Friday, April 29, 2011

My Thoughts: The Death Penalty

As a Libertarian, I am usually arguing on the Republican side in today's political climate. The Tea Party has served to somewhat realign the conservative movement with limited government, at least in rhetoric, and so I'm often asked what issues separate me from a prototypical conservative Republican. The majors I identify are drug legalization, licensing laws, general government nanny-ing, and certain foreign policy issues, but another I recently got into a debate on is the death penalty.

After much consideration and the hearing of the facts, I am opposed to the death penalty. Unlike many, I do not base my objection on inhumanity or unconstitutionality: I don't think it's "cruel and unusual" in the context in which the constitution was written, and I would be fine with it if it served a valid purpose. My objection comes instead from the realization that it is simply not necessary for the government to do. Anything which has no practical purpose, and has practical downsides, shouldn't be done by the government. Here's my logical progression in reasoning that the death penalty should be abolished:

1. I believe that the purpose of the government is to protect the rights of its citizens. The purpose of the criminal justice system is to protect those rights from being encroached on by other citizens, namely, criminals.

2. It is sometimes necessary to restrict the freedoms and rights of criminals in order to do accomplish this end. However, the government should not encroach upon these rights any more than is necessary to protect the populace.

3. With that in mind, the death penalty serves no purpose, because it does not help defend the populace from the criminal being sentenced any more effectively than does life imprisonment.

4. The notion that lifetime incarceration is hurts taxpayers, who have to foot the bill for "keeping him alive", is just plain false. Numerous studies done by the Kansas Department of Corrections, Duke University, and various other state governments have shown that death penalty cases, from start to finish, cost far more than life imprisonment, due to legal fees, more appeals, more lawyers, more thorough juror examination, a substantial incarceration time waiting for the execution, and eventually the execution itself. It is a readily accepted fact among informed circles that ending the death penalty would save taxpayers money.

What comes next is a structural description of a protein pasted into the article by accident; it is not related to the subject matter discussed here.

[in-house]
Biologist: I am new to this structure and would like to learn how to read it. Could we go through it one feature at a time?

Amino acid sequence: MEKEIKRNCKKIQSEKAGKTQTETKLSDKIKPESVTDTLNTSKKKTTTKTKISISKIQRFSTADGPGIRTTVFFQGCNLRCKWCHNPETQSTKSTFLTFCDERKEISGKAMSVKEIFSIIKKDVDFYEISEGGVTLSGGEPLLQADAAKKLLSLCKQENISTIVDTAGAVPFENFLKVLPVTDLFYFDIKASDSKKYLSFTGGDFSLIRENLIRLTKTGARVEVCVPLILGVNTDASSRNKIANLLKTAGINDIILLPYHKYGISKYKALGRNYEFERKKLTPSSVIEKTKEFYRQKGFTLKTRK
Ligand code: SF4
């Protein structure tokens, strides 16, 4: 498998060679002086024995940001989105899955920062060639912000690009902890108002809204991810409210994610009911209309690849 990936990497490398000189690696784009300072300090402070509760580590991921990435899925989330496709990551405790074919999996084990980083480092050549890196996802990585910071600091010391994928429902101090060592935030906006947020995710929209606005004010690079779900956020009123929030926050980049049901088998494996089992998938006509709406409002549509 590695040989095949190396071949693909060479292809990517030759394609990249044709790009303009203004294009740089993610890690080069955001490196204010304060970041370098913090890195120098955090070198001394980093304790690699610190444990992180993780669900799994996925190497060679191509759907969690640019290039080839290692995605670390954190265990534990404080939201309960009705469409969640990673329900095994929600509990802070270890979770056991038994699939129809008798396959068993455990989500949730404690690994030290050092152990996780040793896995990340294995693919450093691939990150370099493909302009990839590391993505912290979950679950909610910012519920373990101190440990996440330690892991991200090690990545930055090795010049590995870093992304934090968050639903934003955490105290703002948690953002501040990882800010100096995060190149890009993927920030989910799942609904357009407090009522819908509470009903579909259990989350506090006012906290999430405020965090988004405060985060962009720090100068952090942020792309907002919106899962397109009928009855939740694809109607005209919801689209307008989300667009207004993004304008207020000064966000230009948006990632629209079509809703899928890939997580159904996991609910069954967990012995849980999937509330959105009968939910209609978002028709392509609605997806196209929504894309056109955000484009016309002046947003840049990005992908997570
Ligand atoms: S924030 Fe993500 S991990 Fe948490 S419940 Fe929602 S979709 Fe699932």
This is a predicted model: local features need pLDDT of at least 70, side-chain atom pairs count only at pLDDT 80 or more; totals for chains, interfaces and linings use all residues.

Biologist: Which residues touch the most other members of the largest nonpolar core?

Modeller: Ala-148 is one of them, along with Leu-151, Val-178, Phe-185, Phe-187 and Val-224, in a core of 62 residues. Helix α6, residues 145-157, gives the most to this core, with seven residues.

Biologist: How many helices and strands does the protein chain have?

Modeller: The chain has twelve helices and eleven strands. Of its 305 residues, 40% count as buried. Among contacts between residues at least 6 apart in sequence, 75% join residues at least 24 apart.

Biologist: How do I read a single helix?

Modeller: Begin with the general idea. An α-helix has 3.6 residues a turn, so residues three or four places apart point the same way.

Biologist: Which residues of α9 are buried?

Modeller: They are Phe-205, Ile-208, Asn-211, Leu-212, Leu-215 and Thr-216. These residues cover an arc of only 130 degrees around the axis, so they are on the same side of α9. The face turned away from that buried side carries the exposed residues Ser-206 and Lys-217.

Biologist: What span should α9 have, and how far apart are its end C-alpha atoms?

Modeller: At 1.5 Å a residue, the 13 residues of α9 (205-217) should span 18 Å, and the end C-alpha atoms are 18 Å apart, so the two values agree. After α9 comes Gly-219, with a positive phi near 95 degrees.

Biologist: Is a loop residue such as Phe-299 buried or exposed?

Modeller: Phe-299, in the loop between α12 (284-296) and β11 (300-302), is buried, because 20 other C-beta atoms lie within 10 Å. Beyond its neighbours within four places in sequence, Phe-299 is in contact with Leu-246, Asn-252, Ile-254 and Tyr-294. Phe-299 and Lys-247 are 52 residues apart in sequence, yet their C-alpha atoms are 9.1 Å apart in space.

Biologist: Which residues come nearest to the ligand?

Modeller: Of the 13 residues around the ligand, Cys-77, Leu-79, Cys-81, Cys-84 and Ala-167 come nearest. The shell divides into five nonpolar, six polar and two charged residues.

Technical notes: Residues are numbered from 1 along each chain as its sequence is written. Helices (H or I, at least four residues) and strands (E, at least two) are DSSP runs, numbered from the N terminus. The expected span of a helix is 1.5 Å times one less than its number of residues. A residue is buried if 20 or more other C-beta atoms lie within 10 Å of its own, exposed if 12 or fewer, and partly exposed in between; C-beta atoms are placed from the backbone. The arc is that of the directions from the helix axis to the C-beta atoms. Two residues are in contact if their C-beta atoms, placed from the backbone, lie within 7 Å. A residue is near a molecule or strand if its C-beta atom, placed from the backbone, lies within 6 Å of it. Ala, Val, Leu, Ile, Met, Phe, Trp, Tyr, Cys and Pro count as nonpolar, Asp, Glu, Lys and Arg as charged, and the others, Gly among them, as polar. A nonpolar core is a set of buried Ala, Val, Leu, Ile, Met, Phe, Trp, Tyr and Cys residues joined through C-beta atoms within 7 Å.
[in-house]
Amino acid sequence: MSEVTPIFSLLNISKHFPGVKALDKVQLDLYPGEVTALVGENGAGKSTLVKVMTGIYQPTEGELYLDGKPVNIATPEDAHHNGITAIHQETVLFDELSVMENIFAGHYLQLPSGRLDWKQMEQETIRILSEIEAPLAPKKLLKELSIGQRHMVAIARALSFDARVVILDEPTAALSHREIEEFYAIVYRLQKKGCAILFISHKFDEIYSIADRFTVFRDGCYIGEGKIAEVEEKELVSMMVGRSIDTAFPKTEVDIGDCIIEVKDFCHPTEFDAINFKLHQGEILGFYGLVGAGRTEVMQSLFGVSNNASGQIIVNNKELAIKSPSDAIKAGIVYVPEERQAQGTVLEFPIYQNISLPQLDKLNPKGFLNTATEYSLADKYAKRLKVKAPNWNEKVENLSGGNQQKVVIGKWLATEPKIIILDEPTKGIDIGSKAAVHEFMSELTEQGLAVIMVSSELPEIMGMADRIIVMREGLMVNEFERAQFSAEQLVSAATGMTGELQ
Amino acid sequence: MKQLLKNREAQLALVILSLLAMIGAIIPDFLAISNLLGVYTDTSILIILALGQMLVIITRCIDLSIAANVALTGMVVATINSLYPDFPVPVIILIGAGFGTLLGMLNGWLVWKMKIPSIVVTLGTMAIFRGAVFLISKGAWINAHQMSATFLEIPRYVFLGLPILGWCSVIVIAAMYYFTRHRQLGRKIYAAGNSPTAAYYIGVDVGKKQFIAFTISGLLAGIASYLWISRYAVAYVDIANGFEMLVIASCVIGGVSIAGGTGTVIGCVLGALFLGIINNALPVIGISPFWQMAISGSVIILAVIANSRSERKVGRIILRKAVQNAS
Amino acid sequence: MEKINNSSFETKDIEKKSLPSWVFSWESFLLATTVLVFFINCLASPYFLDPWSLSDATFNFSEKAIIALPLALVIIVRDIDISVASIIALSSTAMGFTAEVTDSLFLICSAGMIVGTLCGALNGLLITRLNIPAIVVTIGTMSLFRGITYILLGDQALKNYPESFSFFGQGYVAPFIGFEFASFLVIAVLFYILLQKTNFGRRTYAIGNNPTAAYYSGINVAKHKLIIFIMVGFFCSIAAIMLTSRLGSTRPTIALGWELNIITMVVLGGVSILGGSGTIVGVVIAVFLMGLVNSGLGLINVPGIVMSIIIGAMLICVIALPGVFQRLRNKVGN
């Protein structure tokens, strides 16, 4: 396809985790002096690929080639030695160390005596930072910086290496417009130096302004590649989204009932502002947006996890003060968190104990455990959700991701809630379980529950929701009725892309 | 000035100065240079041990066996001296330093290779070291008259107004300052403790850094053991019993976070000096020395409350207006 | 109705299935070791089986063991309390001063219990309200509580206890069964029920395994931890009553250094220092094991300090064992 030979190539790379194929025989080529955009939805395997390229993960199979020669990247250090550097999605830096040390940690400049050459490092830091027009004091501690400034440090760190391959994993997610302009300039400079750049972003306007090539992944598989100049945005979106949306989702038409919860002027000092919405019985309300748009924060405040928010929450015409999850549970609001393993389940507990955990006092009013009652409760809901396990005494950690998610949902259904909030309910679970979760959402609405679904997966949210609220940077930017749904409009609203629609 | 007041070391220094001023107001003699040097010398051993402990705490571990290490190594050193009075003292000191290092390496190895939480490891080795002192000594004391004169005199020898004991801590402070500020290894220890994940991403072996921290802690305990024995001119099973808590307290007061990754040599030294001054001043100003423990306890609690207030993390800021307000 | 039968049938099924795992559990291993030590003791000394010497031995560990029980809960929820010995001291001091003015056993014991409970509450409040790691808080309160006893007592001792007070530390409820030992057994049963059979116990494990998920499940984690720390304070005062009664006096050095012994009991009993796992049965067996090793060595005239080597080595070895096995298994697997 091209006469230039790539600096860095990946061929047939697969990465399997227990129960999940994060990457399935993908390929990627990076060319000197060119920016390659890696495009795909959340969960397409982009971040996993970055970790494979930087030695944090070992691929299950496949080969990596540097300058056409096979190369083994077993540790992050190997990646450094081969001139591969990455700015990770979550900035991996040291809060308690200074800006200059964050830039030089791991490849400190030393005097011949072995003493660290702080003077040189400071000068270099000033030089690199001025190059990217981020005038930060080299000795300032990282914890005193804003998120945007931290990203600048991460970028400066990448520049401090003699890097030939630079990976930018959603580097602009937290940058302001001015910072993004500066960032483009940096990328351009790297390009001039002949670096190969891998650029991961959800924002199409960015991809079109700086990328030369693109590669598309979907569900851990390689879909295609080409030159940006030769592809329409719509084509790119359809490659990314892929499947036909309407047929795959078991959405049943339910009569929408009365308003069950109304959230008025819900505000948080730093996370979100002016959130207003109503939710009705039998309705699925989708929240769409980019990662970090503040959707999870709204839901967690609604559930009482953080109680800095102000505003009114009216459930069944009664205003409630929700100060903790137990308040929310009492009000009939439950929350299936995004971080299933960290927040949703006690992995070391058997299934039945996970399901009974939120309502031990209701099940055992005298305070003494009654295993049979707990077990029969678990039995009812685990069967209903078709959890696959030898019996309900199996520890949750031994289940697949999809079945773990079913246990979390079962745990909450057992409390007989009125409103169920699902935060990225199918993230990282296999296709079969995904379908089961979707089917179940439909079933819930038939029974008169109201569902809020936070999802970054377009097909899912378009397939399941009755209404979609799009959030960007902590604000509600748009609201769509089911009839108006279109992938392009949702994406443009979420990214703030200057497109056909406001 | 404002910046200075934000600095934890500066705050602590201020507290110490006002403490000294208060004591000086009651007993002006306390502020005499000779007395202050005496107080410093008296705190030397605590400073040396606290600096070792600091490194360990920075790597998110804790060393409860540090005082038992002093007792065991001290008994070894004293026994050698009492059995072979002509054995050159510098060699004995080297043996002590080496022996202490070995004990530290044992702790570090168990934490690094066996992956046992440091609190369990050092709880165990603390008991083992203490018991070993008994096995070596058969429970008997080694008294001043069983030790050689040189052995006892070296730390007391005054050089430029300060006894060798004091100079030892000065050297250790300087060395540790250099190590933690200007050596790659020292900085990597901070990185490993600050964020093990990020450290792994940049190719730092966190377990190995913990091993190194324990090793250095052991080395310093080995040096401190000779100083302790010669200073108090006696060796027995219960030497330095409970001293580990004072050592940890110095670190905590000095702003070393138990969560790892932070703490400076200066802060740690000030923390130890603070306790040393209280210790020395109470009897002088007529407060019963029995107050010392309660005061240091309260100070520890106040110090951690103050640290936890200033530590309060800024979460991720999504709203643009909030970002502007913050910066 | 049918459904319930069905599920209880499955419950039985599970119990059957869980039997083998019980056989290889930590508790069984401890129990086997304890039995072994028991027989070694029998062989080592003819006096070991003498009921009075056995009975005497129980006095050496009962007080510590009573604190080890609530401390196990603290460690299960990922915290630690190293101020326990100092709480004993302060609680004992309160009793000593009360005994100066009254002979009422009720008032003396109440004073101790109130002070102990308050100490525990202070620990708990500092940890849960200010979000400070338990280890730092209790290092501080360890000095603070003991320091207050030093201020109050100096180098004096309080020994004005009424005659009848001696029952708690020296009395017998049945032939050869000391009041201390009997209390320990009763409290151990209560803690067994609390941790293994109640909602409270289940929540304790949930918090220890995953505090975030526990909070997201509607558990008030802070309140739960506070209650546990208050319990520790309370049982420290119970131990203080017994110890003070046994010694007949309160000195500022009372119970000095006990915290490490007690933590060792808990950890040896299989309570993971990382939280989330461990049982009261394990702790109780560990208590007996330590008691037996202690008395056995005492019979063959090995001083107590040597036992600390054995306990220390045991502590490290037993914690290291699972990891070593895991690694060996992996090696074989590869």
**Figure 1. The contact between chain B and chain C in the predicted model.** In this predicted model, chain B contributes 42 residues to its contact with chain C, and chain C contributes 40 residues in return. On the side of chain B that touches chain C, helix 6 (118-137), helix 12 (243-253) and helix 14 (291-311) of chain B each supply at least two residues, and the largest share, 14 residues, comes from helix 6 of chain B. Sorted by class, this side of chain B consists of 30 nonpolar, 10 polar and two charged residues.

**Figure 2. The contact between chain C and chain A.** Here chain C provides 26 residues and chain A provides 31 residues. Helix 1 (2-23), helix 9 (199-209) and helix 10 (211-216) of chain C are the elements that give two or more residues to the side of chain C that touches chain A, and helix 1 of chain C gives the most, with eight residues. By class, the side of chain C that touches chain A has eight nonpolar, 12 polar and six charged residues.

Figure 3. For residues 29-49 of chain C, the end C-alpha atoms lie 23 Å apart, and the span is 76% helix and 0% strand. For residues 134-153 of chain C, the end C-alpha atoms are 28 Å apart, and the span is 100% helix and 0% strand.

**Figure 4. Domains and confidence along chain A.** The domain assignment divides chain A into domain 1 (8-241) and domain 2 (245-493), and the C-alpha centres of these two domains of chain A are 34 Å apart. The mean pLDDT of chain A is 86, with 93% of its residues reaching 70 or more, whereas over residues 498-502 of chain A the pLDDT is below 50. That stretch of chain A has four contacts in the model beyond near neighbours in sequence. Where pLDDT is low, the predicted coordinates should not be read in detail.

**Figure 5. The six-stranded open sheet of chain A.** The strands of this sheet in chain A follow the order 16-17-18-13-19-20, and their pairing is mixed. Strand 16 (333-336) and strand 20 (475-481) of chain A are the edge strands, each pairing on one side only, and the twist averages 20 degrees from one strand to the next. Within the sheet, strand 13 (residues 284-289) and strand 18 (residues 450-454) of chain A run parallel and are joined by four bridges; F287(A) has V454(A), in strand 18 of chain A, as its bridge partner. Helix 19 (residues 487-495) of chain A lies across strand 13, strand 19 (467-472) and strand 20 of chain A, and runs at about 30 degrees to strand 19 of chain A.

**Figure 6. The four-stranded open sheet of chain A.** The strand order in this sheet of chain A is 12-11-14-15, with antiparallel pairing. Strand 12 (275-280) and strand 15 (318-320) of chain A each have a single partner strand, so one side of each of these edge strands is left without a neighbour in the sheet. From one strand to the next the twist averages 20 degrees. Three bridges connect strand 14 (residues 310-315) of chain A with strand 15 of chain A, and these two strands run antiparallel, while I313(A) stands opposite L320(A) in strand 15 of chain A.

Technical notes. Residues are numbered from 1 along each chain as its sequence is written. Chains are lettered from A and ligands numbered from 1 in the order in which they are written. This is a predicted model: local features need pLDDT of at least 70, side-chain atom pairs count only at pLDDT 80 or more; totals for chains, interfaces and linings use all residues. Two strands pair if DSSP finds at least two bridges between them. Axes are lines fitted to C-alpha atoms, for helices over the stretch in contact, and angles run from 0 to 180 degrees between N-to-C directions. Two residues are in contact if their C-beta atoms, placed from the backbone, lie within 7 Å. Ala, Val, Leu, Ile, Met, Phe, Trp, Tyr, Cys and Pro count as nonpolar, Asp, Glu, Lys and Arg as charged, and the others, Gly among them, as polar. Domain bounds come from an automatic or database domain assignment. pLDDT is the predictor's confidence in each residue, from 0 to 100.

5. The notion that the death penalty acts as a deterrent is equally contested, but even if it does, I don't feel this justifies the death penalties existence. I feel it is unjust to punish an individual criminal more harshly than is necessary to prevent HIM from becoming a threat to others again, merely to send a message to others. He is not responsible for what others may or may not decide to do, and should not have a heightened penalty because of it.

6. With these traditional supports removed, the reason one might support the death penalty is sheer vindictiveness or hatred of the criminal. For some of the unspeakable crimes that are committed in this country, such hatred is understandable, especially for the relatives of the victim. But that does not make it a just or desirable government policy. The government should not be in the business of making moral evaluations for us, outside of those necessary to achieve it's core function. Morality is subjective, and just as it should not tell us "you cannot drink alcohol because 51% of us think it's immoral", or, "you cannot practice Islam because many people don't like it", or "we're going to tax you and give it to charitable causes we like instead of allowing you to donate to the charitable causes you like", it should not tell criminals "we don't need to kill you to protect others, but we're going to do it anyway because we think you deserve it".

7. Additionally, our court system is not perfect. Dozens of convicted felons on death row have been cleared of their charges via DNA evidence or other emerging truths, some just a week before he was set to be executed. That is an intolerable injustice, and, unlike a sentence of life in prison, an irreversible injustice. During the Salem witch trials, one conscientious objector noted that "It is better that 100 guilty witches be let free than that one single innocent person be burned a the stake." So it is today: it is better that 100 evil people who genuinely deserve to fry are made to live out their days in prison than that a single innocent person be put to death for a crime he did not commit. Abolishing the death penalty is the only way to ensure that does not occur.

In conclusion, the right to life is the most basic of all the unalienable rights, and it should not be taken away from any citizen unless it is neccesary to protect the rights of others. The death penalty is not necessary for such a cause, and thus, it should be prohibited.

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